ONE GROUP built a robot, one that could keep an eye on thieves, using cellphone technology.

Not to be outdone, another group showed how “kamote” could help cure a blood clot-related condition. Still another one proved that with a little dose of yoga, patients suffering from osteoarthritis could still live a meaningful life.

Don’t look far for the year’s best researches. They’re right on campus; courtesy of some of the most creatives and sophisticated minds UST has produced.

Electronics Engineering majors Jennifer Jill Aquino, Seigfred Prado, June Andrew Rabin, Jade Antonette Rico, and Josyl Mariela Rocamora used 3G cellphones to control a robot.

Their thesis, “Tribot: Design of a 3G Cellphone Controlled Clamp and Surveillance Robot via Symbian OS,” is a system represented by a self-designed mobile robot.

The user may control the robot’s movement in different directions, as well as pick and transfer objects, through a cellphone.

“The built-in cameras in the cellular phones allow the user to have a vision of the robot’s surroundings,” said Rocamora, a Bank of the Philippine Islands-Department of Science and Technology science awardee.

Using sweet potatoes or kamote, Pharmacy students Krizia Carla Arzadon, Ana Dominique Cuaresma, Kathleen Anne Lim, Heidi Rose Tanjueco, and Nicole Lynn Kimberly Chan researched on its use to cure a common disease associated with low amount of blood platelets, which are essential in forming blood clots.

Their study titled “Effects of Orally-Administered Decoction of Ipomea batatas (Convulvulaceae) Leaves on Thrombocytopenic Sprague-Dawley Rats” showed that kamote leaves could help treat thrombocytopenia, a condition characterized by a drop in platelet count.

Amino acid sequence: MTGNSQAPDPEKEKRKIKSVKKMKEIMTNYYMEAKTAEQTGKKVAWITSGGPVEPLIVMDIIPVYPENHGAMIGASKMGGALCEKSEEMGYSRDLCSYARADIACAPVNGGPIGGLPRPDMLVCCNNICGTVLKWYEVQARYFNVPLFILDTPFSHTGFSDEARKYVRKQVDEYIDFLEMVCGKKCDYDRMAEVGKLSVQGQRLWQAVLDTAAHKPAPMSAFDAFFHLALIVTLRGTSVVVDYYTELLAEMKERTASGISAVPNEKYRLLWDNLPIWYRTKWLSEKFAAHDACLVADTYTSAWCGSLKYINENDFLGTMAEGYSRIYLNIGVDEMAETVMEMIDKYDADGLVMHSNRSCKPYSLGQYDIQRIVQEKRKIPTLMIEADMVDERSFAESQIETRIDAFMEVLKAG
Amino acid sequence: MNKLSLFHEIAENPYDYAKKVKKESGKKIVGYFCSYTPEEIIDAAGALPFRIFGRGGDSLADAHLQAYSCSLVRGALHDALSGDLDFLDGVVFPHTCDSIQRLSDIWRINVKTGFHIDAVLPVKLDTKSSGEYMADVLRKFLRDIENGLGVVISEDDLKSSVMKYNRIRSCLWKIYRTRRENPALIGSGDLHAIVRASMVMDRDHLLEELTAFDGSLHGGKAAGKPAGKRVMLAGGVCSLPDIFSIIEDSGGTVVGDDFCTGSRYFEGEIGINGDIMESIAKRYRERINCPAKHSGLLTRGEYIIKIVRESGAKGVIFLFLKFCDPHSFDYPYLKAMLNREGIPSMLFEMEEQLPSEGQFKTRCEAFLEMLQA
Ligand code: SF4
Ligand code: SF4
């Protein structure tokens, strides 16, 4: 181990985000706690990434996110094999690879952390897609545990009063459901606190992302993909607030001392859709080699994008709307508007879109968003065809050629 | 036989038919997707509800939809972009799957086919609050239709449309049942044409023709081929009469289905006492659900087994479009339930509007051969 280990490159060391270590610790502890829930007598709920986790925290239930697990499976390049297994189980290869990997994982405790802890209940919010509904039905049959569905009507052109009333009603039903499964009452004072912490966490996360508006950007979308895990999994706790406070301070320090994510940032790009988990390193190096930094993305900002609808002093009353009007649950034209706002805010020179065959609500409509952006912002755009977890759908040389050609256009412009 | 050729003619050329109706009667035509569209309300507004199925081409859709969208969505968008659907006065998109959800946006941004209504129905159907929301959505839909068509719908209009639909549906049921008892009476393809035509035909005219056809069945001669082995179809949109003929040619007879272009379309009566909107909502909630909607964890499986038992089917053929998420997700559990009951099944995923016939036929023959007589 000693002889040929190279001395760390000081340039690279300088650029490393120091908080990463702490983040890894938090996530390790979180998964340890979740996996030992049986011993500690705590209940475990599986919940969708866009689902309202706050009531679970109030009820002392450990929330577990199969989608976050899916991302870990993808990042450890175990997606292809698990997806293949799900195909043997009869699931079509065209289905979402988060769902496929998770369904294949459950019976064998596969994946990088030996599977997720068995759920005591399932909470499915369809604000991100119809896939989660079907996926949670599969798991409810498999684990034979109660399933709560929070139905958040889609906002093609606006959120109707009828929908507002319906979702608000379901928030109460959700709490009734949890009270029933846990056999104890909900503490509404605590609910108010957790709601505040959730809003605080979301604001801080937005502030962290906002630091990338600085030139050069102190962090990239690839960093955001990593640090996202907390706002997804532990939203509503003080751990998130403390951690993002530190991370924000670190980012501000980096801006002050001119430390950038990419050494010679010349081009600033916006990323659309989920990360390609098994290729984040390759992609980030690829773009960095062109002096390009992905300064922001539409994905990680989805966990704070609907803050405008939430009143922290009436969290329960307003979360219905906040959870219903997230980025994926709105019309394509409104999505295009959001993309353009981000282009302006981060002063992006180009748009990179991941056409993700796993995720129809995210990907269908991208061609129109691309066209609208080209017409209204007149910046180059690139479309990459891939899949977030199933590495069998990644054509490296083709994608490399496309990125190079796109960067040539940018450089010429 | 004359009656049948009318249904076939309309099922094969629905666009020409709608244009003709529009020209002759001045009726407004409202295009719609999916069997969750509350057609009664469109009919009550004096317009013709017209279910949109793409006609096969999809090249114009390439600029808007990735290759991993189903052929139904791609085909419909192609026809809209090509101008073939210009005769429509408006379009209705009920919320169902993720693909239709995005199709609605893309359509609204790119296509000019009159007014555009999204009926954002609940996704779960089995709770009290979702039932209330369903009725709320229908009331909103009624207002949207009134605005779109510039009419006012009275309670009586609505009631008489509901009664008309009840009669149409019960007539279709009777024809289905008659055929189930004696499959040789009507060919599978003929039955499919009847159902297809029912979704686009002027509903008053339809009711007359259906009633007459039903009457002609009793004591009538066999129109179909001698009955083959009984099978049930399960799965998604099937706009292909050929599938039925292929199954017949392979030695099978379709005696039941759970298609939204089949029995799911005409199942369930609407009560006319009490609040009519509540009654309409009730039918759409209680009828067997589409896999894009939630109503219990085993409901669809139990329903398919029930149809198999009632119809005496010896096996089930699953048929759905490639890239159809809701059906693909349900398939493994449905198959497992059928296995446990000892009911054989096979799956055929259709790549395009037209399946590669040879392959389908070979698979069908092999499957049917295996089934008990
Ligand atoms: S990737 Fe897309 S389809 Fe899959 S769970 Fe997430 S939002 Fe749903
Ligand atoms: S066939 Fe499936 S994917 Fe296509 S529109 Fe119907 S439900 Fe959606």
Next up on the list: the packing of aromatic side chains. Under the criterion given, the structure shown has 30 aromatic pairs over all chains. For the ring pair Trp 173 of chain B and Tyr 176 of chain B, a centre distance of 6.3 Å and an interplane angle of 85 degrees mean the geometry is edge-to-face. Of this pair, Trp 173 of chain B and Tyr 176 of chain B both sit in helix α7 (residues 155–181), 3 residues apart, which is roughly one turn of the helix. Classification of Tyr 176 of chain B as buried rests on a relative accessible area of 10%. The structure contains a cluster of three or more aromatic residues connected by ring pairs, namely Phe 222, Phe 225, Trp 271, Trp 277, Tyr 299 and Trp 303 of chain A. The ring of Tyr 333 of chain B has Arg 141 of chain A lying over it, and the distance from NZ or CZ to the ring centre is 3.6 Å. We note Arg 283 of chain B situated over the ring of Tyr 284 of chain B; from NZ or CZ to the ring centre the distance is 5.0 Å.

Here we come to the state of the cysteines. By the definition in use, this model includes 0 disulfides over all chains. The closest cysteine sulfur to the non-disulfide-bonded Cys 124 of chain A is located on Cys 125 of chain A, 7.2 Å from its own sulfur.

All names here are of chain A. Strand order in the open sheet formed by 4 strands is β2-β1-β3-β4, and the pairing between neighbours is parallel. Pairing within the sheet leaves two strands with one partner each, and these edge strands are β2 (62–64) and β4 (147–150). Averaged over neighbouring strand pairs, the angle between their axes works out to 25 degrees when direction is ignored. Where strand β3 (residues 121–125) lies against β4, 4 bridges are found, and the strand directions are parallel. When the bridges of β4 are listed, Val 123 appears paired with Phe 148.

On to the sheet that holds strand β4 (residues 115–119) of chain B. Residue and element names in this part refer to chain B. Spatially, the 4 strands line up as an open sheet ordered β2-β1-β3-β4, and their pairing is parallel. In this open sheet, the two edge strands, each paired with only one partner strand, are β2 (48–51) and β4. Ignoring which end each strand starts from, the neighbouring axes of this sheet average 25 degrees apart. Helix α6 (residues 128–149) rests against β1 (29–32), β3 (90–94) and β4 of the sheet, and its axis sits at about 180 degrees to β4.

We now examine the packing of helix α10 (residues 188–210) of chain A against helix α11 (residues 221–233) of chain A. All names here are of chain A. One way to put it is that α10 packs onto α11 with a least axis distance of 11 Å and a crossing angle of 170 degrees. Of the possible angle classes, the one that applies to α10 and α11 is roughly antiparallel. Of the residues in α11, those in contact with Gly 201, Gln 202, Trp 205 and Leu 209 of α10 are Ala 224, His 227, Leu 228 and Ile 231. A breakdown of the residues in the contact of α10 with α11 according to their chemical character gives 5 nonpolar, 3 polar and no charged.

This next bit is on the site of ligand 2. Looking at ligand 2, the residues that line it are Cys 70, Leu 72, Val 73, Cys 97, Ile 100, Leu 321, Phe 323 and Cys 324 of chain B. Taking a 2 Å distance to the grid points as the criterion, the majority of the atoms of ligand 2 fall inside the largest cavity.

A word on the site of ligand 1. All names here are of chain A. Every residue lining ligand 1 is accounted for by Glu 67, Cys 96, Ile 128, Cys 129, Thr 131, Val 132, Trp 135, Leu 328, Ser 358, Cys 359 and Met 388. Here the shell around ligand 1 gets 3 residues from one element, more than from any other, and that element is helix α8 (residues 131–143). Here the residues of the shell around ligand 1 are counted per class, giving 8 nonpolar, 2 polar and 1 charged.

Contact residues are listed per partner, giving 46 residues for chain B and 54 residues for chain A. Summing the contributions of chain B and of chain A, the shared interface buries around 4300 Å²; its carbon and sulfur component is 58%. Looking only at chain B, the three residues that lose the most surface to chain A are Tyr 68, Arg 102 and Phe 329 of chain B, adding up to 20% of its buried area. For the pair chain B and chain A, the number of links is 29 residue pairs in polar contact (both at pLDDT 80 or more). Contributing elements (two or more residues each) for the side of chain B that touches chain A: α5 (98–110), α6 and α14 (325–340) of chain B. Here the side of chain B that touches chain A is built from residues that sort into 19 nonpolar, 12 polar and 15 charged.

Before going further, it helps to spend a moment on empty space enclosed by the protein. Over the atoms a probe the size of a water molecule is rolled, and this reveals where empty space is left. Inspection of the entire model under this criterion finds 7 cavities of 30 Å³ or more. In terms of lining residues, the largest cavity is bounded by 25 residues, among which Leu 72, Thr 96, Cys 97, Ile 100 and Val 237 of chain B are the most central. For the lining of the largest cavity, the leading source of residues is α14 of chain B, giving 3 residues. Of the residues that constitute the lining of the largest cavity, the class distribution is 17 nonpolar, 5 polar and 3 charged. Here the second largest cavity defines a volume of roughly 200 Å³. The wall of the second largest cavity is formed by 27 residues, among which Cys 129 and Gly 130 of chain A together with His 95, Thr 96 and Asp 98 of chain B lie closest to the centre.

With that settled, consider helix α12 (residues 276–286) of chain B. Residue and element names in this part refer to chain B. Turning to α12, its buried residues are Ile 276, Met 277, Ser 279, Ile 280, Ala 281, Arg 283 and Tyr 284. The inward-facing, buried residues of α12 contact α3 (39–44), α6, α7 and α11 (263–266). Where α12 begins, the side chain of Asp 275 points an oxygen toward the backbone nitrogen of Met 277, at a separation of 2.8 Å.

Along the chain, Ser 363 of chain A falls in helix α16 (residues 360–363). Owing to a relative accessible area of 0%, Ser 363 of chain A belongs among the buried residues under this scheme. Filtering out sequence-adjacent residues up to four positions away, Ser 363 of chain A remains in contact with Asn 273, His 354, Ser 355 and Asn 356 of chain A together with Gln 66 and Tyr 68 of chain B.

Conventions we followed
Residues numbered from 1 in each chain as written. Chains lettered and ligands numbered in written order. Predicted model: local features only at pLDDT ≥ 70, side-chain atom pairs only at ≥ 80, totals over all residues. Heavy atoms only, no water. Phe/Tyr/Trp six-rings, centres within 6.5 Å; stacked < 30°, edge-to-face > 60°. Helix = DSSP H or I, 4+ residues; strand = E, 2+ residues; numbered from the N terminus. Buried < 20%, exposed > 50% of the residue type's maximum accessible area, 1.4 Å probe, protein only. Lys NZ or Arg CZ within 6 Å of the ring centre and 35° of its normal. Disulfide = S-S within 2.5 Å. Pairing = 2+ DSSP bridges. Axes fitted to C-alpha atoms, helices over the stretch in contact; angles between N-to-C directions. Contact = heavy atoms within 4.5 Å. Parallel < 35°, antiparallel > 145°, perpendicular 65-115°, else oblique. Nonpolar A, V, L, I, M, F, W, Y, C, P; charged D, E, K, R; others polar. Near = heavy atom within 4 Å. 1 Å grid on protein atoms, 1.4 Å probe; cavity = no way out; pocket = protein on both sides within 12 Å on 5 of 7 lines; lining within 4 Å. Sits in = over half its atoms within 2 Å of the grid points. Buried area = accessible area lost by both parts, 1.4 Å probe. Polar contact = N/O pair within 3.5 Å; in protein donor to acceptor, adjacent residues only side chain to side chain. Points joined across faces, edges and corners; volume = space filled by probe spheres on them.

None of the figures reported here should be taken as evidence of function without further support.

After using “decoction” (extraction done by boiling), the group administered the extracts orally to a number of thrombocytopenic Sprague-Dawley rats, the commonly used species in laboratory experiments.

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After a series of tests, the team showed a significant increase in the number of platelets and white blood cells of the rats.

Trying to find a treatment for a certain bone sickness, on the other hand, Nursing students Kairhun Janine Cuadra, Mariz Cuadra, Kim Pearl Cuartero, Carissa Alexandra Cucueco, Gia Patricia Cuevas, Gabriela Cunanan, and Inrid Ayana Custodio studied yoga and working-class patients aged 40 and above to analyze osteoarthritis.

Their study entitled “Samsara: The Lived Experiences of Patients with Osteoarthritis undergoing Yoga Therapy” observed the therapeutic effects of yoga on patients in a phenomenological approach (a detailed observation of the conscious experience).

As the patients passed each level of techniques, the students noticed that they were relieved from pain, and that the mobility and flexibility of the subjects were also improved.

“Yoga served as a way for the patients to resume their usual activities which were formerly hindered by the symptoms of osteoarthritis,” Cucueco said.

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